I've gravitated towards hotel bars since I was persuasive enough to convince their barmen to serve me. As an easy-on-the-eye, precocious 15-year-old, I'd loiter in the better ones, sipping tequila sunrises. Fancying myself the height of sophistication, I'd put the make on hot older guests flying solo. After an educational field trip upstairs, randy on Ruinart from my prey's minibar, I'd expect to be gifted something by Saint Laurent or Gucci the next day for having been a gold star student. Populated by good-looking fash-caj types - to the point that two lone businessmen in grey suits stick out like pork pies at a bar mitzvah -The Lounge Bar at The Hoxton Holborn would have once been fertile cruising ground for me. Given my current dishevelment, I'd be lucky to attract a ten-bob-the-job, tired old tart from Talinn. Not that I'm suggesting the oldest profession stalks the Hoxton Holborn's corridors. At 8.30 am, fragile, pale and clammy, I'm beginning to regret last night's orgy. A "FOUR IN A BED ROMP" as The Sun would have it? Sadly, Four In A Bed on Channel 4 is of more interest to me these days...but never say "never", for hope springs eternal. After barely three hours' kip in one of the hotel's 'cosy' rooms (and an argument with the shower), I'm suffering the hangover of the month...so far. Mixing Champagne, Palomas, Tommy's margaritas, espresso martinis, corpse revivers, rhubarb bitter-tinged Brooklyn cocktails - and Midori and methadone mojitos for all I can remember - seemed like a good idea at 2 am as the hotel's epic launch party raged on. I do recall that the event kicked off with an inspired immersive production that saw the whole place turned into one big film shoot, with guests roped in as extras (not, on paper, my cup of tea but great fun as it transpired). My only hope of salvation lies in the full English I've ordered in the busy lobby downstairs - assessing that the concierge's contacts don't stretch to organising an emergency blood transfusion in situ. Of scant consolation, is the prospect of last night's host, the hotel's PR, across the table. A fellow renegade half my age, she looks twice as rough. (Dem yoot? Lightweights!) Made of stronger stuff, another party survivor looks more chipper. "Apparently, all the alcohol in the lobby's fridges can be purchased by guests at near enough retail prices," he tells me. "Can't wait to rock up with the boys at 2am, check into a room and cane it all night. Cheaper than taxis back to mine." he says, already there. There was a time when I'd have found such a proposition irresistible. As it is, future evenings at the Hox Hobe's slouchy 50s-revisted bar, will be restricted to civilised tippling, rabbit on toast, steak and chips, patty melts or super healthy salads from in-house Brooklyn-style grill Hubbard and Bell... and taxis before midnight. At least, that's what I tell myself this morning. 199 - 206 High Holborn WC1V 7BD 7661 3000 https://thehoxton.com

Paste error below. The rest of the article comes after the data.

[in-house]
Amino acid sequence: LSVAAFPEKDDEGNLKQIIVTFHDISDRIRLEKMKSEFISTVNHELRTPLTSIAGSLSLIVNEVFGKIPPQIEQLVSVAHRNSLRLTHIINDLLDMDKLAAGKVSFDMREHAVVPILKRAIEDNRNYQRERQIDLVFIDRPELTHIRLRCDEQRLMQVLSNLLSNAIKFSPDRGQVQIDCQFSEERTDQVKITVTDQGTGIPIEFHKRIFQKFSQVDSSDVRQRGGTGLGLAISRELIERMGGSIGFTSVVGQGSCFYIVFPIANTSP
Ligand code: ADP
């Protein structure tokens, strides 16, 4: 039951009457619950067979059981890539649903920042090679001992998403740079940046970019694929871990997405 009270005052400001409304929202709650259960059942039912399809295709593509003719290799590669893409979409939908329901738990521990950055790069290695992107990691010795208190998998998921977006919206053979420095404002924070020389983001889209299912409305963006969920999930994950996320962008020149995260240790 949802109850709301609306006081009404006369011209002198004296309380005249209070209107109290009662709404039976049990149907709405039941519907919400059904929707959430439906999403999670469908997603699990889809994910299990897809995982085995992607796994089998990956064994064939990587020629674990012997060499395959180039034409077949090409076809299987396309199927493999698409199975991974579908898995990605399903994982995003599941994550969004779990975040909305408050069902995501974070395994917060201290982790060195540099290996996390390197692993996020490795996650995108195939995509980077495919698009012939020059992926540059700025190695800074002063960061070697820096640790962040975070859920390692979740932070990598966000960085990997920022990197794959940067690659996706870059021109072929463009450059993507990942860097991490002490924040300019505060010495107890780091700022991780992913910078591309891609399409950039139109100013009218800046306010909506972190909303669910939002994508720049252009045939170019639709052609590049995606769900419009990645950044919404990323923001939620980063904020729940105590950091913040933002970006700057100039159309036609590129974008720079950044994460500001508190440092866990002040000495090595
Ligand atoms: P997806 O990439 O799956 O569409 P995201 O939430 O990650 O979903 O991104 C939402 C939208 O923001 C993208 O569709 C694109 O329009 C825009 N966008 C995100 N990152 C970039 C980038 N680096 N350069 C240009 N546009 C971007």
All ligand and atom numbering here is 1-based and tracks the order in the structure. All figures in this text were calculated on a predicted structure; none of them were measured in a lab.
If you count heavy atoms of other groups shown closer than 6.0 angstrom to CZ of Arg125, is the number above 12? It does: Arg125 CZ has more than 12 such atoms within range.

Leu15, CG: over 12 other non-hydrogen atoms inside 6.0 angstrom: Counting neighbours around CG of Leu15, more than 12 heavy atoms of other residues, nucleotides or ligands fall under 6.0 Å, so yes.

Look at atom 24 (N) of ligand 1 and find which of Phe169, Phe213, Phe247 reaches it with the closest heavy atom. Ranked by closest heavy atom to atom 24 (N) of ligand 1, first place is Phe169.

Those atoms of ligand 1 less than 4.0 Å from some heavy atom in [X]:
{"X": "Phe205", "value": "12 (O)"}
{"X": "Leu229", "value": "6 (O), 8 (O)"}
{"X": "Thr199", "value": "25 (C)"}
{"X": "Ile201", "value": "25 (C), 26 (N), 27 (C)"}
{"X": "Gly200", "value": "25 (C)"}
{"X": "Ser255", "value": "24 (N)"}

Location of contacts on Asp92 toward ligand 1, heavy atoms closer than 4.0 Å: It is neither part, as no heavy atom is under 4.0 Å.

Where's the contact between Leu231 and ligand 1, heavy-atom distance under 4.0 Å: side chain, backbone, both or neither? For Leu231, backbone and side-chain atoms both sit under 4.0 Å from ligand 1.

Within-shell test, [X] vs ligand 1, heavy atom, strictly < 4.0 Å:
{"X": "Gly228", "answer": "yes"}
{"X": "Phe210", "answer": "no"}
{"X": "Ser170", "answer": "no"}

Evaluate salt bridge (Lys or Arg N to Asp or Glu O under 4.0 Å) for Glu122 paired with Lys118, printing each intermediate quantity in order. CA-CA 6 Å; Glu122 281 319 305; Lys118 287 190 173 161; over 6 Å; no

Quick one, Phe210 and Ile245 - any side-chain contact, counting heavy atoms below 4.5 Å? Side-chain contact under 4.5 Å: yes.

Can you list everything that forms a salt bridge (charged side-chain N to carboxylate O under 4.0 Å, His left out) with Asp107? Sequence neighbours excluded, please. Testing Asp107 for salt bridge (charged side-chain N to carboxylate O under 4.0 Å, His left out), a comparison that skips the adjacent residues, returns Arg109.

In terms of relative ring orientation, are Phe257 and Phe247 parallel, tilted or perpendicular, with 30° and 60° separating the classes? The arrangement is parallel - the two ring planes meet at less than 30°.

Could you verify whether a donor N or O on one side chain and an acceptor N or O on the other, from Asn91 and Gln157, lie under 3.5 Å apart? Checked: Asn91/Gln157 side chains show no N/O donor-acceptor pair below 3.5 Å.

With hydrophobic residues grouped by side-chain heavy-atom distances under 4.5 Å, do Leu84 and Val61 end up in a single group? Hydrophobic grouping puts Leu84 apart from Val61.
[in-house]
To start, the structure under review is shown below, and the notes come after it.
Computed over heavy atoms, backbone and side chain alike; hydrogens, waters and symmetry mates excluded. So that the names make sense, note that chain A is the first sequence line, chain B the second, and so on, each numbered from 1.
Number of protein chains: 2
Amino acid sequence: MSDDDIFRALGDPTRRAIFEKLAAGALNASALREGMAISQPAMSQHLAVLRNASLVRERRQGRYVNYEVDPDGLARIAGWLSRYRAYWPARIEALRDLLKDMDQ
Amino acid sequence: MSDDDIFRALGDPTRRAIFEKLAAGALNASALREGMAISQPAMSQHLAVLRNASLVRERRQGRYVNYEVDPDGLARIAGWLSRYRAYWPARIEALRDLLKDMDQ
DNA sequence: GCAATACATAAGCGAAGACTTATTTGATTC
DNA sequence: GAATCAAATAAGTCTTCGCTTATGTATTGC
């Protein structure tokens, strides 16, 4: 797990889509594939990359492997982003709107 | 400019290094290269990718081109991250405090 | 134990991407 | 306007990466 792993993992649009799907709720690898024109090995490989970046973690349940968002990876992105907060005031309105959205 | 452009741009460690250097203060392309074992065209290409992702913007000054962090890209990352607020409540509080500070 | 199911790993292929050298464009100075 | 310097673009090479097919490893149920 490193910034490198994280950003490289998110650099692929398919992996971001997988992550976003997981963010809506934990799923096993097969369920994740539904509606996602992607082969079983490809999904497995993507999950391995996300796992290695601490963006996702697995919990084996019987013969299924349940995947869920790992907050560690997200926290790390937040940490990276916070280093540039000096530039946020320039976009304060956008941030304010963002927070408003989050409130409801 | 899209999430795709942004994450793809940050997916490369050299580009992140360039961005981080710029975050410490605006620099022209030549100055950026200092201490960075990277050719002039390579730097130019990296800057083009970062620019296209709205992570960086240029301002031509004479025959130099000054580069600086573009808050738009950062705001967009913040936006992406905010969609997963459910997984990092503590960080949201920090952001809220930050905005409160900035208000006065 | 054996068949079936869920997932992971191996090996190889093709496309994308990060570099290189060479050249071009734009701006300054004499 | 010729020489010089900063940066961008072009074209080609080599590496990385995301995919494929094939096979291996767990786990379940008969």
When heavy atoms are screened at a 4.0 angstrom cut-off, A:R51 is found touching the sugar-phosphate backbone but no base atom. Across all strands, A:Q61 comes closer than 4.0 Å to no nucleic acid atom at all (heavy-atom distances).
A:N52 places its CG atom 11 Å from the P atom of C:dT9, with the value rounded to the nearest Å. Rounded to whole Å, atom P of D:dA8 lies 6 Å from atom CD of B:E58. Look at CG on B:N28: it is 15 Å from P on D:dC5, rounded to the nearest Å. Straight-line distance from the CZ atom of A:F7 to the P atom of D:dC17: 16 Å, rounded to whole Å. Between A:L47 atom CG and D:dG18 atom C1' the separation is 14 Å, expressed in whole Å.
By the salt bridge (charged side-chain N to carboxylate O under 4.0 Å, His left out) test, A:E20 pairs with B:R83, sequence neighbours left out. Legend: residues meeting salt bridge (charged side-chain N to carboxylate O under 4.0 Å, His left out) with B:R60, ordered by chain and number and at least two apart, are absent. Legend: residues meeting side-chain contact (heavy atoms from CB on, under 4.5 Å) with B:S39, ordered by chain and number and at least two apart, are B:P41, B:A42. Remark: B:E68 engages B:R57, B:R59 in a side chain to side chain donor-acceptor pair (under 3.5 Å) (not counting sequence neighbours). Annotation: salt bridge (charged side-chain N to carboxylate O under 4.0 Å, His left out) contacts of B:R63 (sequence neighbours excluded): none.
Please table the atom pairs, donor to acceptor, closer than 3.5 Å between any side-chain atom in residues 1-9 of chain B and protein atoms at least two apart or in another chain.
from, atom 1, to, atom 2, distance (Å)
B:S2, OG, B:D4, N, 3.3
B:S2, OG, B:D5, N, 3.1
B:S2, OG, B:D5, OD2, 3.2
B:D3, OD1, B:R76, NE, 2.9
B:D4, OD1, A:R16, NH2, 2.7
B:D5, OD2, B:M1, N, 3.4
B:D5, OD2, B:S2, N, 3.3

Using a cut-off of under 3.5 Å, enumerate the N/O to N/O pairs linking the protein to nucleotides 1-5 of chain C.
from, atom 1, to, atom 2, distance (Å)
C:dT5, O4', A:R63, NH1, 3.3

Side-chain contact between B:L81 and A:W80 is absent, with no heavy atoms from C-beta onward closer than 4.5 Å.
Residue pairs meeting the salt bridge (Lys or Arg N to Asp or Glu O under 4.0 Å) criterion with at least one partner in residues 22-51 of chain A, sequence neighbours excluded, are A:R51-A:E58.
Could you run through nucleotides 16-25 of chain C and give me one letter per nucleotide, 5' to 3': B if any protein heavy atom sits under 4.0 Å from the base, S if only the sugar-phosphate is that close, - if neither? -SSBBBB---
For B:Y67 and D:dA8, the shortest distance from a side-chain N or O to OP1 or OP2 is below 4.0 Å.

I occasionally fantasise about being alive in London of the 1920s and 30s (Oi, missus! I may look ancient and decrepit but.....) Decked out by Savile Row's finest tailors; nightingales singing in Berkeley Square; bowling along a traffic-free Piccadilly, gay flappers and squiffy slappers in tow: I'm off to get royally rinsed in the American Bar at The Savoy and trip the light fantastic to Carroll Gibbons and his Orpheans in what is now that hotel's Beaufort Bar. Of course, the grim reality was much more likely to be a life of empty-bellied drudgery on the dole in Deptford, the occasional half of bitter, incurable clap and the only foreign holiday I'd ever take, a future day trip to a beach in France - no arguments - where I'd promptly have my dancing feet blown off by a Nazi mine. My reveries are likely to be further indulged - and frequently, I'm thinking - at Corbin and King's latest lounge, the devastatingly handsome, walnut-tone art deco American Bar at the Beaumont Hotel. The pile may look as if was around long before Vera dreamed of bluebirds over Dover but, back in the day, the 30s cream building it inhabits is where imaginary Me's chauffeur would park the Roller while sir rolled into Selfridges - whose garage this then was - to purchase a new Rolex oyster for his fine-boned wrist. As with other Corbin and King venues, (Wolseley, Delaunay, Colbert, Fischer's) here's a persuasive pastiche of past times where the white tux-totin' staff's drinks are similarly period and convincing: boulevardier, Brooklyn, Martinez, aviation and remember the Maine very much what Lord Barker-Main would sink back in the day. Nostalgic film set; impeccable service; modern-trad bar bites; champagne at under £50 and all the scofflaws I can scoff ? "Heaven, I'm in heaven," as my fantasy friend Fred sings it. https://www.youtube.com/watch?v=WOYzFKizikU